Each month, SD/PEN selects one of its members at random to profile his or her background and experience. This month we are featuring SD/PEN board member David Gaddis Smith, a writer, editor, and Spanish-to-English translator.
I’m a former San Diego Union-Tribune foreign editor and Mexico columnist who has reinvented himself as an editor and Spanish-to-English translator of books and articles about Mexico, in addition to being a long-distance editor for the Middle East website Al-Monitor.com and writing about Mexico.
What accomplishment are you most proud of professionally?
I am most proud of my work that helped show the innocence of four men falsely arrested in the 1994 assassination of Mexican ruling party presidential candidate Luis Donaldo Colosio in Tijuana. Mexicans were so convinced that there was a conspiracy behind the killing that they came to false conclusions that resulted in the incarceration of these men, and it unfortunately took far too long for logic and justice to take their course and for these men to achieve their freedom.
Which quality or qualities would you most like your clients to remember you for?
I would like my clients to remember me most for my accuracy and for the perspective I help provide in seeing the larger picture. I had no corrections my last five years at the San Diego Union-Tribune and have caught error after error for my clients since. God (or Allah) only knows why it all too often seems that I have better knowledge about the 12 Imams than the Shiite Muslim writers I edit.
Tell us about a book you recently read that you would recommend.
A book I bought with a gift card I won at an SD/PEN meeting (there are great benefits in attending!) is The Organized Mind: Thinking Straight in the Age of Information Overload by McGill University neuroscientist Daniel J. Levitin (2014). Chapters such as “Organizing Our Home” and “Organizing Our Time” have helped me clarify what to do next. I now use 3x5 cards as an organizing/to do process as recommended by the author, who calls this a brain extension system that “builds on the neuroscience of attention, memory, and categorization” (p. 74).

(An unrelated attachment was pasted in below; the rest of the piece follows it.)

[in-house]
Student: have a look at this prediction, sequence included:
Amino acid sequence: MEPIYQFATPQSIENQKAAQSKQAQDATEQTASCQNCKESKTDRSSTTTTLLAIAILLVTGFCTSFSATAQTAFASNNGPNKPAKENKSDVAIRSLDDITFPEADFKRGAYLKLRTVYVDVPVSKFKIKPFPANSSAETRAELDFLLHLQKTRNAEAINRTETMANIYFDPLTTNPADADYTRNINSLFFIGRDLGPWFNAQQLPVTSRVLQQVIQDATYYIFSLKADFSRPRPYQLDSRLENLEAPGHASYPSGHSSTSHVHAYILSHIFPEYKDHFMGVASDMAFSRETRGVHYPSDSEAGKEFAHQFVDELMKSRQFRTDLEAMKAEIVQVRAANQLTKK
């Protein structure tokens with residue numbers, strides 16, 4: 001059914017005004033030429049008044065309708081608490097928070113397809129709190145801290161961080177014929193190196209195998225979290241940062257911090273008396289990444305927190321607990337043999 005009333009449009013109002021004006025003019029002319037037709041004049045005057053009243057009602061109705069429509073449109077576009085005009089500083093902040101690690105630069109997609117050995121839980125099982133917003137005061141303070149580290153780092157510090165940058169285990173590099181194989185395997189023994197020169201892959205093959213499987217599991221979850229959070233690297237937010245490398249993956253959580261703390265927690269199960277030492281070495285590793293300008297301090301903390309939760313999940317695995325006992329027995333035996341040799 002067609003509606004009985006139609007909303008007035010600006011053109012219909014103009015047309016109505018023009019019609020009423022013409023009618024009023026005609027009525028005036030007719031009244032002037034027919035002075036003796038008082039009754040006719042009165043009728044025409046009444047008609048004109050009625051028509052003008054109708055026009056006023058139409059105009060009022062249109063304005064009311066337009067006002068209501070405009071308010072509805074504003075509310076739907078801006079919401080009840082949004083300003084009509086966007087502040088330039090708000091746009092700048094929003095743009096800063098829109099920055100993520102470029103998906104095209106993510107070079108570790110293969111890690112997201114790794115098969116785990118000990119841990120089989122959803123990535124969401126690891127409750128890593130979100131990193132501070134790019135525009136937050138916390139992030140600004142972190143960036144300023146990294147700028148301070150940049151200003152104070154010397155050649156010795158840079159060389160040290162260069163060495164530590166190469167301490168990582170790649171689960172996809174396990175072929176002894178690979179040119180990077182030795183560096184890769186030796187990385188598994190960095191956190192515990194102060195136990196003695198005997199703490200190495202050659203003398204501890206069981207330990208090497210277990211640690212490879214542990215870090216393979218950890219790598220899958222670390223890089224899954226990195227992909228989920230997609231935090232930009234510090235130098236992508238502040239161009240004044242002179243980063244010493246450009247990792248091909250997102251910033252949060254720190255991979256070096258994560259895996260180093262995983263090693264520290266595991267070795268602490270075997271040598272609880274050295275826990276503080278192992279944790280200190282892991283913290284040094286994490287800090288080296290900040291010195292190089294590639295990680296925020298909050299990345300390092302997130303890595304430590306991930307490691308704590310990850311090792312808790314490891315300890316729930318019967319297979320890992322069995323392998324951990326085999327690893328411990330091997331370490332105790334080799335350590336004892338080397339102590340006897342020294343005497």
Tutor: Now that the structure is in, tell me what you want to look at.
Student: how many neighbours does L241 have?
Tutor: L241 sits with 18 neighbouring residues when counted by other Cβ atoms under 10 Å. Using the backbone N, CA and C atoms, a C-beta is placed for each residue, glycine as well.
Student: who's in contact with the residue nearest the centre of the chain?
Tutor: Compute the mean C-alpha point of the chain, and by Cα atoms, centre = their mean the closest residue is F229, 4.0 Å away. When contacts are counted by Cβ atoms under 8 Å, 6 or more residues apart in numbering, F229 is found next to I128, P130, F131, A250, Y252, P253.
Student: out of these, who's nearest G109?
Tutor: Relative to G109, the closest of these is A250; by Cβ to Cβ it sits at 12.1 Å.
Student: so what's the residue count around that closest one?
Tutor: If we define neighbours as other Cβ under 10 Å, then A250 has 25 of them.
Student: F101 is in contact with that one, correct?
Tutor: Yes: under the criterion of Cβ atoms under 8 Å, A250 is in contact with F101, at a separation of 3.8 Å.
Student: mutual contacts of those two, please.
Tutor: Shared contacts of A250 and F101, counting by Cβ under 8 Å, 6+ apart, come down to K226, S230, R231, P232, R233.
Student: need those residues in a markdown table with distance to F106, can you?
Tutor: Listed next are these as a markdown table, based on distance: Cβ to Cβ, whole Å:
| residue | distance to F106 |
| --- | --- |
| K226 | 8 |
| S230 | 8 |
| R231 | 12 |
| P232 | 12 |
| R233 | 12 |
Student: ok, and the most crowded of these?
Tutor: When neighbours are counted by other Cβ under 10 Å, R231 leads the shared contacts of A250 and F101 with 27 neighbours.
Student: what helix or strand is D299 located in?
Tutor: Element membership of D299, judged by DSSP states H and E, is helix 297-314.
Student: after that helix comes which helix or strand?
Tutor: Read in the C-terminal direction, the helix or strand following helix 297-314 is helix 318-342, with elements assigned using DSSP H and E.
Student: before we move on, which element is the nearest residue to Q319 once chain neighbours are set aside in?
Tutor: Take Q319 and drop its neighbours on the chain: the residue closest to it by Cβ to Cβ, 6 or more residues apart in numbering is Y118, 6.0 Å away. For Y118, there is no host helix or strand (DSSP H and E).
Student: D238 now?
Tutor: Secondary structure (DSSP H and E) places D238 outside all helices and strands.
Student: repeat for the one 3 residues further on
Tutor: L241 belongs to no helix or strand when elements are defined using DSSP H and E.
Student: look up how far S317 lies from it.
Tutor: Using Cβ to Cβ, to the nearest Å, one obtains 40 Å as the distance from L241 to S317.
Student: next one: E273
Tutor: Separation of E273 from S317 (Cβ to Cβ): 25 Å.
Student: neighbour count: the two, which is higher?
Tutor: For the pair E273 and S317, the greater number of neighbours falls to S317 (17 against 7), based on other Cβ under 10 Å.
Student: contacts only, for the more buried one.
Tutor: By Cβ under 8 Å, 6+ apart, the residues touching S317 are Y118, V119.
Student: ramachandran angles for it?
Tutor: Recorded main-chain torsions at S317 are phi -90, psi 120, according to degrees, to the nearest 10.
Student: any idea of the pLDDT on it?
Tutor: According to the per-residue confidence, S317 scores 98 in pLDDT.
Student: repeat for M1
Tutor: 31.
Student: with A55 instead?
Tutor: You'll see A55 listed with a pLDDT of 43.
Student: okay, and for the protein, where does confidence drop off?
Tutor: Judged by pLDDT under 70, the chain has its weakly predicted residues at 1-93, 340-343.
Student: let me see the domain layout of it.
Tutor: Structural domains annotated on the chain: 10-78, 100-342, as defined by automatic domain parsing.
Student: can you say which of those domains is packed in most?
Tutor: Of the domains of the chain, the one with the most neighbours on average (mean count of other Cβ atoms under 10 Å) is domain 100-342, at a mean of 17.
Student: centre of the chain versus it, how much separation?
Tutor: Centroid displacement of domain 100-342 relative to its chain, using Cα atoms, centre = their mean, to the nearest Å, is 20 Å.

Where would you like to go on your next vacation and why?
I would like to go to the Copper Canyon in northern Mexico. A good friend whose Canadian-born wife introduced me to my Canadian-born wife, Louise, wants the four of us to take a train trip to see what is often described as the "Grand Canyon of Mexico." It just has been difficult scheduling four people to do this trip amid family deaths, illnesses, weddings, births, work, remodeling—you name it!
Describe one thing about yourself that most people don’t know.
I have become quite a handyman. The internet, which has made me a far better editor and translator, also provides a wealth of knowledge that was not previously readily available and that allows the average homeowner to do a decent job at home repairs and projects. Internet research also helped me once become the Toastmasters humorous speech champion for the state of Baja California with my talk “La Historia de México en Siete Minutos.”
What did you want to be when you grew up?
I always have had wide-ranging interests and got into journalism when I was in high school by being a sports correspondent. I thought that if I took a job at a newspaper after graduating from the University of Florida, I would meet people from all walks of life and then figure out what I really wanted to do. Turns out I never left journalism; more than half my working hours are still devoted to the craft.